New York-based startup CourseHorse has just announced it raised $500,000 in its seed round to help make it easier for people to find classes. Launched in mid-April 2011, the service was originally limited to New York City. Today’s announcement means that it has the ability to expand its service across the country and team up with Time Out North America.
CourseHorse is a service geared towards centralizing and curating classes from location education providers into one booking engine that people can use. Classes available include both recreational, professional, and even kids programs.
TNW spoke with co-founder Nihal Parthasarathi previously and was told that the company earns sales commission every time a student enrolls in a class, which means that the service is curated exactly for the community’s needs. Parthasarathi believes that right now education is in an exciting time. The company is focused on bringing greater exposure to programs and making them much more accessible and hopes that people will get out there and learn with their friends.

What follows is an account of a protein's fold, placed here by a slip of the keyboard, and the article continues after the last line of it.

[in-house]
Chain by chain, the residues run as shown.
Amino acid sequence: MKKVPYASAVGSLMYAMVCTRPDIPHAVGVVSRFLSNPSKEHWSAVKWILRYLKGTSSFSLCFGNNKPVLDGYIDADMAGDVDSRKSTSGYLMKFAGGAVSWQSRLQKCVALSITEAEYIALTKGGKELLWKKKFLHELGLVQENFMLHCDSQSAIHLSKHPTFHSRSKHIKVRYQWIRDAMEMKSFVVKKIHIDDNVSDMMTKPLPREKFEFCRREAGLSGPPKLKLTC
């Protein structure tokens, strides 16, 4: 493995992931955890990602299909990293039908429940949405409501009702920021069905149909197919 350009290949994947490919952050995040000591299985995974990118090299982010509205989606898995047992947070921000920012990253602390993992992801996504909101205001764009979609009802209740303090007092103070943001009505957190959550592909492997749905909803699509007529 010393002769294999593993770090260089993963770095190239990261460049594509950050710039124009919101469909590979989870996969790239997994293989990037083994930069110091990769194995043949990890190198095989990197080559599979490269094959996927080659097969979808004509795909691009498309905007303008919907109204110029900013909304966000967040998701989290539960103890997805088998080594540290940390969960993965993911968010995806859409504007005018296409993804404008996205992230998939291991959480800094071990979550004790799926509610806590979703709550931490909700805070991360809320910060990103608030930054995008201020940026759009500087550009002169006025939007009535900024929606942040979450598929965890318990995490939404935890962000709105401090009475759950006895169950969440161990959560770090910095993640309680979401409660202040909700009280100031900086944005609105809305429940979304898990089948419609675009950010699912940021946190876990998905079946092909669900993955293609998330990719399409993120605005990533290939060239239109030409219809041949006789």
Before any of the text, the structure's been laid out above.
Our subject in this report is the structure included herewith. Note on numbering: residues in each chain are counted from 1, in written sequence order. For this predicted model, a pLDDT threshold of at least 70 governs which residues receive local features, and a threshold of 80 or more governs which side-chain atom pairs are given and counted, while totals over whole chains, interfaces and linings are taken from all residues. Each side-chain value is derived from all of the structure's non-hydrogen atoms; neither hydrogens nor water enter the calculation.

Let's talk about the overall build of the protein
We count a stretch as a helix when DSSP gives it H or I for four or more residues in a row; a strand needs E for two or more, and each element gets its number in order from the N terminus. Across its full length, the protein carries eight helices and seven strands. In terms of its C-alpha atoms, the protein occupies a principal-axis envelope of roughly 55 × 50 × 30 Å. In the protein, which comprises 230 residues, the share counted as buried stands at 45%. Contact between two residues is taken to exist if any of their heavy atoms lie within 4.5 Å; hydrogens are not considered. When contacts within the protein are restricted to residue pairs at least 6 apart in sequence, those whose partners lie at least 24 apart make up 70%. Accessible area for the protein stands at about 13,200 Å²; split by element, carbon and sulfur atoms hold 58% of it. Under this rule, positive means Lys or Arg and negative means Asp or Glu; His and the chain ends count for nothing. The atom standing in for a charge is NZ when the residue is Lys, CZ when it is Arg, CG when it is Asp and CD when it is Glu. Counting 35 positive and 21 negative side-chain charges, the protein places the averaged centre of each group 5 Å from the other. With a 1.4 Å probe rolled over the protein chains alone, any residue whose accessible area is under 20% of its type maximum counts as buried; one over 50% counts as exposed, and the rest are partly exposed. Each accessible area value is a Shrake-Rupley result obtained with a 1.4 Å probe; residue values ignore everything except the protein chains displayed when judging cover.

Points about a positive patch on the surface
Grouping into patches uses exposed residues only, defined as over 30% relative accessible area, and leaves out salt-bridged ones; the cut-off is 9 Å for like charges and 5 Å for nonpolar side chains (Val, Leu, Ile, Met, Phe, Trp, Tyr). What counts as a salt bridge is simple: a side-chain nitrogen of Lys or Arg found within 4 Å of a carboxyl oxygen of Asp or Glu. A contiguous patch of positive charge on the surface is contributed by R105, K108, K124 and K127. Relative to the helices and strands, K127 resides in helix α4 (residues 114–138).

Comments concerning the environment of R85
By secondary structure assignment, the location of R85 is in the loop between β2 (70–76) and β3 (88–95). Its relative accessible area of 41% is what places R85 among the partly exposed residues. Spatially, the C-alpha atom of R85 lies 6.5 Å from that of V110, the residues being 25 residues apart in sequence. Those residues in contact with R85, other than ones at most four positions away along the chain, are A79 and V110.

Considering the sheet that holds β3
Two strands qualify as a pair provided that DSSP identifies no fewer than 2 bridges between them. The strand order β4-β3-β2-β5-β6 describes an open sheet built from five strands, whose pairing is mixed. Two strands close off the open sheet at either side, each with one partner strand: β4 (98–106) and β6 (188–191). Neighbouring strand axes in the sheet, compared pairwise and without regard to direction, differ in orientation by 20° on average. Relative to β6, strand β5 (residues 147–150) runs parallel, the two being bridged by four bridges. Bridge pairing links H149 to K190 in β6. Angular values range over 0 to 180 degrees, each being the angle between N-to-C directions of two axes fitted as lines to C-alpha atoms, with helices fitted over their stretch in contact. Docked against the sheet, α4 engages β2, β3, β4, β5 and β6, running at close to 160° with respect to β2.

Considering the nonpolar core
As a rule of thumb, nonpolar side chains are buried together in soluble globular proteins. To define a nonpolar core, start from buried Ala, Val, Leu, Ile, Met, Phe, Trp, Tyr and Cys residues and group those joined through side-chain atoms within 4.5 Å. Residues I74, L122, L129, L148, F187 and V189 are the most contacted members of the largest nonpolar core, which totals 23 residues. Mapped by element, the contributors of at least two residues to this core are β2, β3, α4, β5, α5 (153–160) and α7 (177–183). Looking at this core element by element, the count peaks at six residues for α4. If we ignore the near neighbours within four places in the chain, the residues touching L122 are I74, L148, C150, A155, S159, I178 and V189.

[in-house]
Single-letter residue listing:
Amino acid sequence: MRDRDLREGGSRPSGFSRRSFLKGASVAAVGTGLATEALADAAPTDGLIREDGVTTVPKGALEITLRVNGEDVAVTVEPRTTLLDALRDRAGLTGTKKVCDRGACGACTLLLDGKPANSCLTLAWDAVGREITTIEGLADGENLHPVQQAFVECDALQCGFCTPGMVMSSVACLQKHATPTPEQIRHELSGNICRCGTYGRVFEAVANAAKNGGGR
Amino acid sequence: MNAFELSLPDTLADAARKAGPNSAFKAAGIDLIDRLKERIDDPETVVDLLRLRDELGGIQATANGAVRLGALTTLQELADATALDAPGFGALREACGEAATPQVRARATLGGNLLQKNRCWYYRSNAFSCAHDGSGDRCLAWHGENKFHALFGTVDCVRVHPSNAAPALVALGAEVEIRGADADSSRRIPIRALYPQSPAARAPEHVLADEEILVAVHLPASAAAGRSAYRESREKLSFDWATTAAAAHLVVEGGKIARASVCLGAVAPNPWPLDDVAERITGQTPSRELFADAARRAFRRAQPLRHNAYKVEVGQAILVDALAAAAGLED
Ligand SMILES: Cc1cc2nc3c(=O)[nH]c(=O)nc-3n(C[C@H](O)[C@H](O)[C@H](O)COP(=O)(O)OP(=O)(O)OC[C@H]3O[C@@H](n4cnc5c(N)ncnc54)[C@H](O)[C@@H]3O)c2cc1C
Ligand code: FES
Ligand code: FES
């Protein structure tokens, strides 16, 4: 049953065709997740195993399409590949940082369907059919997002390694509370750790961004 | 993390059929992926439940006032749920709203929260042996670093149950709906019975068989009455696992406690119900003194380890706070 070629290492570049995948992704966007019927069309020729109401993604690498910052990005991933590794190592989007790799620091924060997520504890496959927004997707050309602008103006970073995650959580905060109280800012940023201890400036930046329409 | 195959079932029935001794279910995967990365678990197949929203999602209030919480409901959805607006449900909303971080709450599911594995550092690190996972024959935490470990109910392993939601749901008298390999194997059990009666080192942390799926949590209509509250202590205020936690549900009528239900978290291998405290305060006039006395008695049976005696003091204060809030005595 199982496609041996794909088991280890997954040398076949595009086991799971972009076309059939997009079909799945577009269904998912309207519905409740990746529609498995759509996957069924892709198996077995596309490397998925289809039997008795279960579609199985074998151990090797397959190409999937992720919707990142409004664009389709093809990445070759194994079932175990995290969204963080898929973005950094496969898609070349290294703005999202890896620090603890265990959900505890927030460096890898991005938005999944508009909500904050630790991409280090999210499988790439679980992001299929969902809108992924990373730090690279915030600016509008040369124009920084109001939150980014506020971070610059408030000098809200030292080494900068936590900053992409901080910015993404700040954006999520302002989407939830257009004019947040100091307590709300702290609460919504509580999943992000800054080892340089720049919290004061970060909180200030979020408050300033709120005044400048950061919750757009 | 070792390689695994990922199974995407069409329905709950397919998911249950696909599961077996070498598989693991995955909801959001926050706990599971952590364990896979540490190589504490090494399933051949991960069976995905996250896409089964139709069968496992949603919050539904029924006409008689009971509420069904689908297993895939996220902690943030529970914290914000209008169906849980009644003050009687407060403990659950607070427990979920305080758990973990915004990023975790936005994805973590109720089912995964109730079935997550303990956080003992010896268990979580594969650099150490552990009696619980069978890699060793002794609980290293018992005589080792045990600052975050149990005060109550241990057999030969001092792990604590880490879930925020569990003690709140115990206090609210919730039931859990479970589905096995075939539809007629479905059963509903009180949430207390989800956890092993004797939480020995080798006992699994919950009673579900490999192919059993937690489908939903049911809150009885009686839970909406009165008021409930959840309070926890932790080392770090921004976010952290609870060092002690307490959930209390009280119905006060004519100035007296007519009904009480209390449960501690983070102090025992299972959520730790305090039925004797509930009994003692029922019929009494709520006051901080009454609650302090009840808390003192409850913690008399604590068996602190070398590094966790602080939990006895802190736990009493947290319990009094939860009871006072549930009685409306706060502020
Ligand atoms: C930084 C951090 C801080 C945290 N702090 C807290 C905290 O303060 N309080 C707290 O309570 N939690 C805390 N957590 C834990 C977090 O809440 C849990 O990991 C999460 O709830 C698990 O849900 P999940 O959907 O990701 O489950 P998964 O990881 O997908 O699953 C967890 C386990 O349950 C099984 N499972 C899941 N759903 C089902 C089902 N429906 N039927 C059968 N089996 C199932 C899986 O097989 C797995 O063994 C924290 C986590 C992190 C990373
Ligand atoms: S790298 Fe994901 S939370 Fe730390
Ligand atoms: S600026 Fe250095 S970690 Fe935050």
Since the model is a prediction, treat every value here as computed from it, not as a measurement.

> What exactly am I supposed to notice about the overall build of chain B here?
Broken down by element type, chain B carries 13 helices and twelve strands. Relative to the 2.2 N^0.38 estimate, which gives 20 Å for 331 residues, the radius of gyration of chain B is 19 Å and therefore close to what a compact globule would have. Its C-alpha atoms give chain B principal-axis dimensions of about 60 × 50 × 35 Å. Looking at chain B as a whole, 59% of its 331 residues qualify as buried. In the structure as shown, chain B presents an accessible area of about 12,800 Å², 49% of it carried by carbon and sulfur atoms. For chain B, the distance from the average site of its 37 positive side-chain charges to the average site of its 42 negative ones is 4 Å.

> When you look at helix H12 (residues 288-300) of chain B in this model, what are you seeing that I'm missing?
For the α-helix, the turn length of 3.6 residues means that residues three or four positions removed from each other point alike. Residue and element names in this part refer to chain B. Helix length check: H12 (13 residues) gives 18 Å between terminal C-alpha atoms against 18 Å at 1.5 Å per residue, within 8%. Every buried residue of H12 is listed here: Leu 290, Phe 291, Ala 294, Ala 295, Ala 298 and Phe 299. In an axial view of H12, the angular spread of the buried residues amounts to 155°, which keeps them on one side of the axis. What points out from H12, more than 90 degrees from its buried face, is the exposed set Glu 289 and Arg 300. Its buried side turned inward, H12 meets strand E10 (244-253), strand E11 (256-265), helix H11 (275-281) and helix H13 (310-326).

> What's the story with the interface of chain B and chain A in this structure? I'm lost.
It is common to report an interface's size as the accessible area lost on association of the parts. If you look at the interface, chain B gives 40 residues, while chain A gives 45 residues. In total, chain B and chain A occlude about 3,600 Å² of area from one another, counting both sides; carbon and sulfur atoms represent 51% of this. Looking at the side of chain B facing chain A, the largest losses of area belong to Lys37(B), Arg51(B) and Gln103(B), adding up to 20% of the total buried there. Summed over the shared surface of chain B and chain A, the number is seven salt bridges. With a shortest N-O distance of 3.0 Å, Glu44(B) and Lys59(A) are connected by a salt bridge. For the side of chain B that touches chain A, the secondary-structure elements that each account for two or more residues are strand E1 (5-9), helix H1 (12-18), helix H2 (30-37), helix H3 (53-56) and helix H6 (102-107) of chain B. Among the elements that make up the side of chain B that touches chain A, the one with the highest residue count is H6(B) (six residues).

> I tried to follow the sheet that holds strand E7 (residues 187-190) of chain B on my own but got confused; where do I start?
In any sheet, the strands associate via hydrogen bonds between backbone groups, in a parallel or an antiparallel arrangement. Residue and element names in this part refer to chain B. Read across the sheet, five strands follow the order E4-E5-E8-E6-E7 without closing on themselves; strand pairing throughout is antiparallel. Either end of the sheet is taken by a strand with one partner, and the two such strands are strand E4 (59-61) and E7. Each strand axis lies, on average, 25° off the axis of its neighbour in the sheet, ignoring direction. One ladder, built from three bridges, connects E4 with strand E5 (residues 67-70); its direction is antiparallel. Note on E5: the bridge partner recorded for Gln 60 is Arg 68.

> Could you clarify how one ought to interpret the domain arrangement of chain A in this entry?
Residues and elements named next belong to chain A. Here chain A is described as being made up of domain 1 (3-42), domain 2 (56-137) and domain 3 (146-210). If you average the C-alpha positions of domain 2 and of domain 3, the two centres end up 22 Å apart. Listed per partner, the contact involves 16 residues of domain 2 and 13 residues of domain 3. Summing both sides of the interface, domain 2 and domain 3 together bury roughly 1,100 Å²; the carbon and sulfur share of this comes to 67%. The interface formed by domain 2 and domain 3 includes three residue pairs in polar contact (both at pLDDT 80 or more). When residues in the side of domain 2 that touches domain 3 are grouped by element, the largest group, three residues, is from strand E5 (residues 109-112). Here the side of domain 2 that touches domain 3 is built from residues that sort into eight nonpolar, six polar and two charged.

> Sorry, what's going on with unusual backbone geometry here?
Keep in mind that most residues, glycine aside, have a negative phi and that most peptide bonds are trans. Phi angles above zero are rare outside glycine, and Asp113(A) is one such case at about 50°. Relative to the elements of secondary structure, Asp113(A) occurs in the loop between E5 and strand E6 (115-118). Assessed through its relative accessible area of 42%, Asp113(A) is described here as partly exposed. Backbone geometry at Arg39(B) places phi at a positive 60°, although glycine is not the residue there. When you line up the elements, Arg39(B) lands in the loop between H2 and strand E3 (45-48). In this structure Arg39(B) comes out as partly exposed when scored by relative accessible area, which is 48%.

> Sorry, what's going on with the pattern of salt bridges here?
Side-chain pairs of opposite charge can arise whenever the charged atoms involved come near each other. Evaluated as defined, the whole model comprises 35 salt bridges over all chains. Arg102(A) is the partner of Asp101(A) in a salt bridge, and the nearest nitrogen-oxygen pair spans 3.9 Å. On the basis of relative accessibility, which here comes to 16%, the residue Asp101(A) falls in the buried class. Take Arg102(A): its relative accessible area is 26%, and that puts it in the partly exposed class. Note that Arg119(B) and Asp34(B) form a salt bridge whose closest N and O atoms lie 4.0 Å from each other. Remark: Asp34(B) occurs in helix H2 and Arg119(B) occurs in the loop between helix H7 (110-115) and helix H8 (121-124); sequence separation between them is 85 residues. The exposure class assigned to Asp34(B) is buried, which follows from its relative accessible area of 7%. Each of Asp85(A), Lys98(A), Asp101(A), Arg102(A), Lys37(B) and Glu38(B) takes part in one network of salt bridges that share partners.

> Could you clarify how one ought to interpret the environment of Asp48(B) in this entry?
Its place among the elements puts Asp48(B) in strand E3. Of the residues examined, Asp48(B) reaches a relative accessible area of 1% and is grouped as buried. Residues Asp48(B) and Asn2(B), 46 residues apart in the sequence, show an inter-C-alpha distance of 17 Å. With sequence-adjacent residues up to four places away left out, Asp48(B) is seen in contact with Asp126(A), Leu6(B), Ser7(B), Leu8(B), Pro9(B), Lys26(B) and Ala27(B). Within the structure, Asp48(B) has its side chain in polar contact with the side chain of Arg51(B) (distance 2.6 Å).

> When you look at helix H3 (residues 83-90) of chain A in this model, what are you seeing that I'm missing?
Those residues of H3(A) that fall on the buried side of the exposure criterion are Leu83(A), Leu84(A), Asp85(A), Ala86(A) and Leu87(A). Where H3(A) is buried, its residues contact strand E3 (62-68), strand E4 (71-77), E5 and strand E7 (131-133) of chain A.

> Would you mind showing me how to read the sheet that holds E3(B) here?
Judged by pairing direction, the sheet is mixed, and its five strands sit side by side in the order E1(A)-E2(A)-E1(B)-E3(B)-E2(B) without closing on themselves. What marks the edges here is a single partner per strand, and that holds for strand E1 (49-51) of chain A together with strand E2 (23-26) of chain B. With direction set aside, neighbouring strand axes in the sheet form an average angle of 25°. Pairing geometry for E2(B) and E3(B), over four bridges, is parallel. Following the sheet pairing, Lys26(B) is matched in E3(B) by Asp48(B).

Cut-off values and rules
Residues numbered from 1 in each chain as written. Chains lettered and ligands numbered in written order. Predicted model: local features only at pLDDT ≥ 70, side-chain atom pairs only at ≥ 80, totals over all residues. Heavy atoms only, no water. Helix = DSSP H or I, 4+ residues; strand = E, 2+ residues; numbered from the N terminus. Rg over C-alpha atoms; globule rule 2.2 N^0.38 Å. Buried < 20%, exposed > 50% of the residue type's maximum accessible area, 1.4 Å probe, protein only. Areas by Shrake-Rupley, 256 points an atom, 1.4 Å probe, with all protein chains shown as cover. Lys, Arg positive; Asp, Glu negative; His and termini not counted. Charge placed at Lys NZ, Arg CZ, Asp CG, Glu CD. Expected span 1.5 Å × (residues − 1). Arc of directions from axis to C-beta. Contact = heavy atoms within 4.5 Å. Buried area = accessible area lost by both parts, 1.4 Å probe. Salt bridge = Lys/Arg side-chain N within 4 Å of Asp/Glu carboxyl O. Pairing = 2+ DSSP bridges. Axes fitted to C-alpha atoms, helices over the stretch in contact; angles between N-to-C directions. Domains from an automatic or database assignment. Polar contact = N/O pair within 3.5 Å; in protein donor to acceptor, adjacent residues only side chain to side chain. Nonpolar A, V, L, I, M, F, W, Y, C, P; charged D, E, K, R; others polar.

Now, with the $500,000 in seed funding from investors like NY Angels (including Brian Cohen, the first investor in Pinterest), Golden Seeds, NYC Seed, and Harbor Road Ventures, CourseHorse will expand their service to Los Angeles this month and will add an additional three cities in 2013. It also plans on launching the next version of its product soon.
In addition to the funding announcement, CourseHorse has teamed up with a lifestyle publisher to help power a new education vertical for it. The partnership with Time Out North America will give the company access to the publisher’s 18 million annual readers and will enable them to discover, compare, and enroll in over 20,000 courses.
CourseHorse is one of the leaders in the $17.5 billion personal interest education market and has seen over 20,000 classes scheduled through its service, which features over 500 class providers. It has also amassed 50% monthly revenue growth since launching last year and monthly traffic to the site has grown 40%.
Image Credit: FRED DUFOUR/AFP/Getty Images
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